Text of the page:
Exercise therapy versus arthroscopic partial meniscectomy for degenerative meniscal tear in middle aged patients: randomised controlled trial with two year follow-up
This study comes from the BMJ, formerly known as the British Medical Journal. I've included the conclusions here and a link to the entire study. This shows once again that surgery for orthopedic issues should be a last resort. -- Laura
BMJ 2016; 354 doi: http://dx.doi.org/10.1136/bmj.i3740 (Published 20 July 2016)Cite this as: BMJ 2016;354:i3740
Conclusions and policy implications
The observed difference in treatment effect was minute after two years’ follow-up, and the trial’s inferential uncertainty, as shown by the 95% confidence limits, was sufficiently small to exclude clinically relevant differences. Supervised exercise therapy showed positive effects over surgery in improving thigh muscle strength, at least in the short term. Nineteen per cent of participants allocated to exercise therapy crossed over to surgery during the two year follow-up, with no additional benefit. No serious adverse events occurred in either group during the two year follow-up. Our results should encourage clinicians and middle aged patients with degenerative meniscal tear and no radiographic evidence of osteoarthritis to consider supervised structured exercise therapy as a treatment option.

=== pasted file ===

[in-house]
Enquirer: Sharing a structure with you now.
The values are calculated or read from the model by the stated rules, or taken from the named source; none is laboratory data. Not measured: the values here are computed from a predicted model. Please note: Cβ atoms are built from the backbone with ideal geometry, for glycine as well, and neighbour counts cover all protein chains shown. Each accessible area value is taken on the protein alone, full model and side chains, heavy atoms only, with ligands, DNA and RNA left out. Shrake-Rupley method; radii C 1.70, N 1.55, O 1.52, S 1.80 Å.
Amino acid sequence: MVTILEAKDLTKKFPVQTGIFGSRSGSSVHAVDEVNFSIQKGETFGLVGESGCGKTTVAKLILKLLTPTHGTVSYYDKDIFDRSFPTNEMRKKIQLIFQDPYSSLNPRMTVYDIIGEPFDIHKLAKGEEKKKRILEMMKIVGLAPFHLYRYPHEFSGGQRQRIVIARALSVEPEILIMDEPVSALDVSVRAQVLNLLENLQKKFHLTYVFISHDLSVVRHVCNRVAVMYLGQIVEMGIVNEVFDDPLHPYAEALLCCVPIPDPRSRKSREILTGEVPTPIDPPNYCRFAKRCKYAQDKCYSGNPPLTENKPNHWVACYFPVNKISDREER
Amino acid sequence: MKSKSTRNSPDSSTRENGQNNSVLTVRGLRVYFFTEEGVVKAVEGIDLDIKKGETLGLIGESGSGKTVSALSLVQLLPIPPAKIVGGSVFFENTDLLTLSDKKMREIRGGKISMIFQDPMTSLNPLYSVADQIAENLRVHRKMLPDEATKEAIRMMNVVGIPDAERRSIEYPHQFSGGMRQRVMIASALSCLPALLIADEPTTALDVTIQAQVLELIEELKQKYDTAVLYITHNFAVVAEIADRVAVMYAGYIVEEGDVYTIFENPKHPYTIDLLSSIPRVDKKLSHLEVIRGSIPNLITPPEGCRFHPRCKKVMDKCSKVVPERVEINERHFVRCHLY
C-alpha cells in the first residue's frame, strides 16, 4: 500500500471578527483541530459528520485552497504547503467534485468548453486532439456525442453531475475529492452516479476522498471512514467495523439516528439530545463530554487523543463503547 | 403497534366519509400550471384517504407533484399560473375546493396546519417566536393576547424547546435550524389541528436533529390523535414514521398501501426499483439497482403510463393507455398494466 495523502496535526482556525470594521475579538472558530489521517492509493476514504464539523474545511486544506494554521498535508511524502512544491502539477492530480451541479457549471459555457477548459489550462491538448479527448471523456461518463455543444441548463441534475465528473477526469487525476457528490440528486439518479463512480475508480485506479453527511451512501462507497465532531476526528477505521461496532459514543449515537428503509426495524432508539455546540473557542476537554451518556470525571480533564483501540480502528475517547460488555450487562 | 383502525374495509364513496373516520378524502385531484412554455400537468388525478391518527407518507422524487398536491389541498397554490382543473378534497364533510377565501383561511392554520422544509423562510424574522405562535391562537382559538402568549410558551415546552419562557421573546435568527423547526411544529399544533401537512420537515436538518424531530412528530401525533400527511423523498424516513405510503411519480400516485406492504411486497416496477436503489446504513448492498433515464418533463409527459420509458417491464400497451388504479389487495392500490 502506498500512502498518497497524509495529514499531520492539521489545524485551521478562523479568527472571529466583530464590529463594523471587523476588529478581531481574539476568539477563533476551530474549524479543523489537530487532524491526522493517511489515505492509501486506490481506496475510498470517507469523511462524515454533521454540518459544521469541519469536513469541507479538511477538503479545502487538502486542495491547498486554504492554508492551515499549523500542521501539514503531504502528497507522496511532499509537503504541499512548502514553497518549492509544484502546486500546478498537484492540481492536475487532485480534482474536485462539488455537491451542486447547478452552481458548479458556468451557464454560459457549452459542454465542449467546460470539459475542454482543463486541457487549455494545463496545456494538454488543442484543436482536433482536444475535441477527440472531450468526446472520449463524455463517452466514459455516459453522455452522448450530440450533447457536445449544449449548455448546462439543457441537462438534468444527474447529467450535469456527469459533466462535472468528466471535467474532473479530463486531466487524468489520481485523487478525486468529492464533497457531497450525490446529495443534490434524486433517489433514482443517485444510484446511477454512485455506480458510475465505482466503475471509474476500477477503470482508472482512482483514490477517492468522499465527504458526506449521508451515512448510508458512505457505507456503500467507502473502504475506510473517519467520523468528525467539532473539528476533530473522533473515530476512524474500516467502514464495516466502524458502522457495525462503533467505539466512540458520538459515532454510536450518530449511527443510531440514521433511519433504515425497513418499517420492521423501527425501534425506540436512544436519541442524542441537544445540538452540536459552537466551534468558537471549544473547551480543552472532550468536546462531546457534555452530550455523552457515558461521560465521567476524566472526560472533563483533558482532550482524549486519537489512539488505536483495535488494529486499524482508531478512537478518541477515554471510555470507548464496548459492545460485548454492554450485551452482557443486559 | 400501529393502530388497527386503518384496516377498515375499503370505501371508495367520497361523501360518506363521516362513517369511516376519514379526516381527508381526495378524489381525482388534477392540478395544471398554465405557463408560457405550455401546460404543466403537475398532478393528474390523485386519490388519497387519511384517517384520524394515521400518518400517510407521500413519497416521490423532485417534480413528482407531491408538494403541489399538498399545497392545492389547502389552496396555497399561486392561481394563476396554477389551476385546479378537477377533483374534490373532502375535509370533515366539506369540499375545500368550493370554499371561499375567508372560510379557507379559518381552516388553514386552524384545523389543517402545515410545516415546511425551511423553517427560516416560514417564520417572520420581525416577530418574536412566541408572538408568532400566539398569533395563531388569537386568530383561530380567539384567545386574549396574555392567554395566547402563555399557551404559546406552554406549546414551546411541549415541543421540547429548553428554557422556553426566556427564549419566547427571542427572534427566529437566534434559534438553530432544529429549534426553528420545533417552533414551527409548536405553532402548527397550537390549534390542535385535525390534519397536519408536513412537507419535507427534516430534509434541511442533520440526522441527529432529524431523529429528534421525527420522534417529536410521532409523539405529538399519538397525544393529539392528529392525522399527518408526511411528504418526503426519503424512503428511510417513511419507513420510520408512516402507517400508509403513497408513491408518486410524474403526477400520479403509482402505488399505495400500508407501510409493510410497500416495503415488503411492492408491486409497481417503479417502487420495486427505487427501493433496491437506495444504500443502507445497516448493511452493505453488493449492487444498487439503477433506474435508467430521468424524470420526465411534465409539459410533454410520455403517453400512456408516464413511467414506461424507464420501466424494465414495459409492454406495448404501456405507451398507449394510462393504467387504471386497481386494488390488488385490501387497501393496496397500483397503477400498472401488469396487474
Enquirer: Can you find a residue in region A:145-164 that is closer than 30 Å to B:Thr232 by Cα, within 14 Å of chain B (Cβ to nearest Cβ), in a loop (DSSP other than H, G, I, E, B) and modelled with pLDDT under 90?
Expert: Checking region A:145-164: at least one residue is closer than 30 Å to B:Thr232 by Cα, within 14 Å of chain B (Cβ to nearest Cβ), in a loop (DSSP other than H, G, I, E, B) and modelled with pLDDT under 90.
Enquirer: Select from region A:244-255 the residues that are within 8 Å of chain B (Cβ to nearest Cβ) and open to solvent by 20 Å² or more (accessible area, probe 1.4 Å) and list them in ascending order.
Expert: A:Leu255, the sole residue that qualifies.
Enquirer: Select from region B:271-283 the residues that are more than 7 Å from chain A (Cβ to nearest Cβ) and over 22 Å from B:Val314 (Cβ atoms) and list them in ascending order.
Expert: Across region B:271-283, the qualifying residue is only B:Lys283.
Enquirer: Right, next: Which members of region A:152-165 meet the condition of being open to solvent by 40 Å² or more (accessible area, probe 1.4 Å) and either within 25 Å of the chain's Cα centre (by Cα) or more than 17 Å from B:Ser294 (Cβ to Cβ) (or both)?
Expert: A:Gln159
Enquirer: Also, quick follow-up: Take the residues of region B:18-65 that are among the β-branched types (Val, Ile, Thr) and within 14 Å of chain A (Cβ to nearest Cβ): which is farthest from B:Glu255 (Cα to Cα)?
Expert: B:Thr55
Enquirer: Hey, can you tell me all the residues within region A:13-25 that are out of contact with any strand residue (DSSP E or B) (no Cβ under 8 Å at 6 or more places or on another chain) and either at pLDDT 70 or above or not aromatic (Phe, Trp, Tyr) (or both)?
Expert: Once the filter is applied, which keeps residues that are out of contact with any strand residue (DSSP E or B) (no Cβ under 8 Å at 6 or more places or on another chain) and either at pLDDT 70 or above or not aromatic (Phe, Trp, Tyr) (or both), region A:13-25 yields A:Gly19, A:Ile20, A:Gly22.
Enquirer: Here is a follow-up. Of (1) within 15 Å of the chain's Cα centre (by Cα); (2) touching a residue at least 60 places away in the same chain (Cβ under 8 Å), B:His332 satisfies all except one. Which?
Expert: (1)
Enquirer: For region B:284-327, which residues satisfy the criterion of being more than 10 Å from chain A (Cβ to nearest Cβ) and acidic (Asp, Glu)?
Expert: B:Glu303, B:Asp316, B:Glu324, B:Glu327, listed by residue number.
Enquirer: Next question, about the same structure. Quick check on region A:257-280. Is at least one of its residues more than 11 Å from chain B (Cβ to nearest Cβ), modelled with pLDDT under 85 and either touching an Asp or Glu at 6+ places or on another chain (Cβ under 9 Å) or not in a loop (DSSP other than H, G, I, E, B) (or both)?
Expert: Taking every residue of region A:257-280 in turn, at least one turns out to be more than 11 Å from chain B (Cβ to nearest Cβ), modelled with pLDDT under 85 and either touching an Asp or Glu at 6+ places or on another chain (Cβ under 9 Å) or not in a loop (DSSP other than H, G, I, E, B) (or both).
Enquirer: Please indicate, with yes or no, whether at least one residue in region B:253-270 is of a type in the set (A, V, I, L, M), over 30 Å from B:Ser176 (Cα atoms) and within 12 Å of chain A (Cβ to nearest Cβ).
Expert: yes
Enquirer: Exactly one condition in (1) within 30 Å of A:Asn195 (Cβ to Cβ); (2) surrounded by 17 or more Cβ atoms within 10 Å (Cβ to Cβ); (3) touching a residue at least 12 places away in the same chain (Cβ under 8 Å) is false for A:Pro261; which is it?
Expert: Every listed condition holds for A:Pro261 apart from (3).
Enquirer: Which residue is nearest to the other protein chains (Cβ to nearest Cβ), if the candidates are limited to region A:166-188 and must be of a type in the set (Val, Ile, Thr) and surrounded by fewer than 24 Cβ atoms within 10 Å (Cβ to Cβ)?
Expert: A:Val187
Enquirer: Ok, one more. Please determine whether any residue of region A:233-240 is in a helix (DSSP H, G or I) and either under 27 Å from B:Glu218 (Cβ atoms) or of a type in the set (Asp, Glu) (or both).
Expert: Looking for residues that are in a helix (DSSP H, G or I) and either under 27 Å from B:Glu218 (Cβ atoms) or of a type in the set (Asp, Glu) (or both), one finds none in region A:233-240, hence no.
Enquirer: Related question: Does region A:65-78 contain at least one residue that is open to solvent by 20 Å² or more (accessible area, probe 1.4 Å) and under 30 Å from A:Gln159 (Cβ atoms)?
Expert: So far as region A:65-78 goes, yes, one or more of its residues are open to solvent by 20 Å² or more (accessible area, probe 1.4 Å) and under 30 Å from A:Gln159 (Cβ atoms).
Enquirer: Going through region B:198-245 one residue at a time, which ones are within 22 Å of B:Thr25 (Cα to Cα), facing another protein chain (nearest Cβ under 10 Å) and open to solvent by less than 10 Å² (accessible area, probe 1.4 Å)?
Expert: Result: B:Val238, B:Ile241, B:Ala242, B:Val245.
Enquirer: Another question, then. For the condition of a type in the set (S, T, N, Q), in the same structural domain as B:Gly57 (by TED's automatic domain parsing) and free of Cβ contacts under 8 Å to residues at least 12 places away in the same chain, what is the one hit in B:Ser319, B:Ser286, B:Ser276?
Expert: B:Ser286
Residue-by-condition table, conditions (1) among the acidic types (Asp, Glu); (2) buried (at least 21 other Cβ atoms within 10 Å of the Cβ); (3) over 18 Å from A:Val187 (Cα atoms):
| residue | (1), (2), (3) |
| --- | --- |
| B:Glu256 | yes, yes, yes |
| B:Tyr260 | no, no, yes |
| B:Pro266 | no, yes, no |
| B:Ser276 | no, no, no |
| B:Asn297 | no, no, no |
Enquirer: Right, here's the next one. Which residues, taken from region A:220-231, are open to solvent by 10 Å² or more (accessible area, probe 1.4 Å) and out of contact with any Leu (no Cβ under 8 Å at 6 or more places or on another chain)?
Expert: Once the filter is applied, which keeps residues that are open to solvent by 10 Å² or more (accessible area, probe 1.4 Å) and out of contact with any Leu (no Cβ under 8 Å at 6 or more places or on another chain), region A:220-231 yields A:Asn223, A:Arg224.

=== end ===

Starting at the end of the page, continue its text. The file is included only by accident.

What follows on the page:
Find the entire article here: http://www.bmj.com/content/354/bmj.i3740?utm_content=buffer795ae&utm_medium=social&utm_source=facebook.com&utm_campaign=buffer
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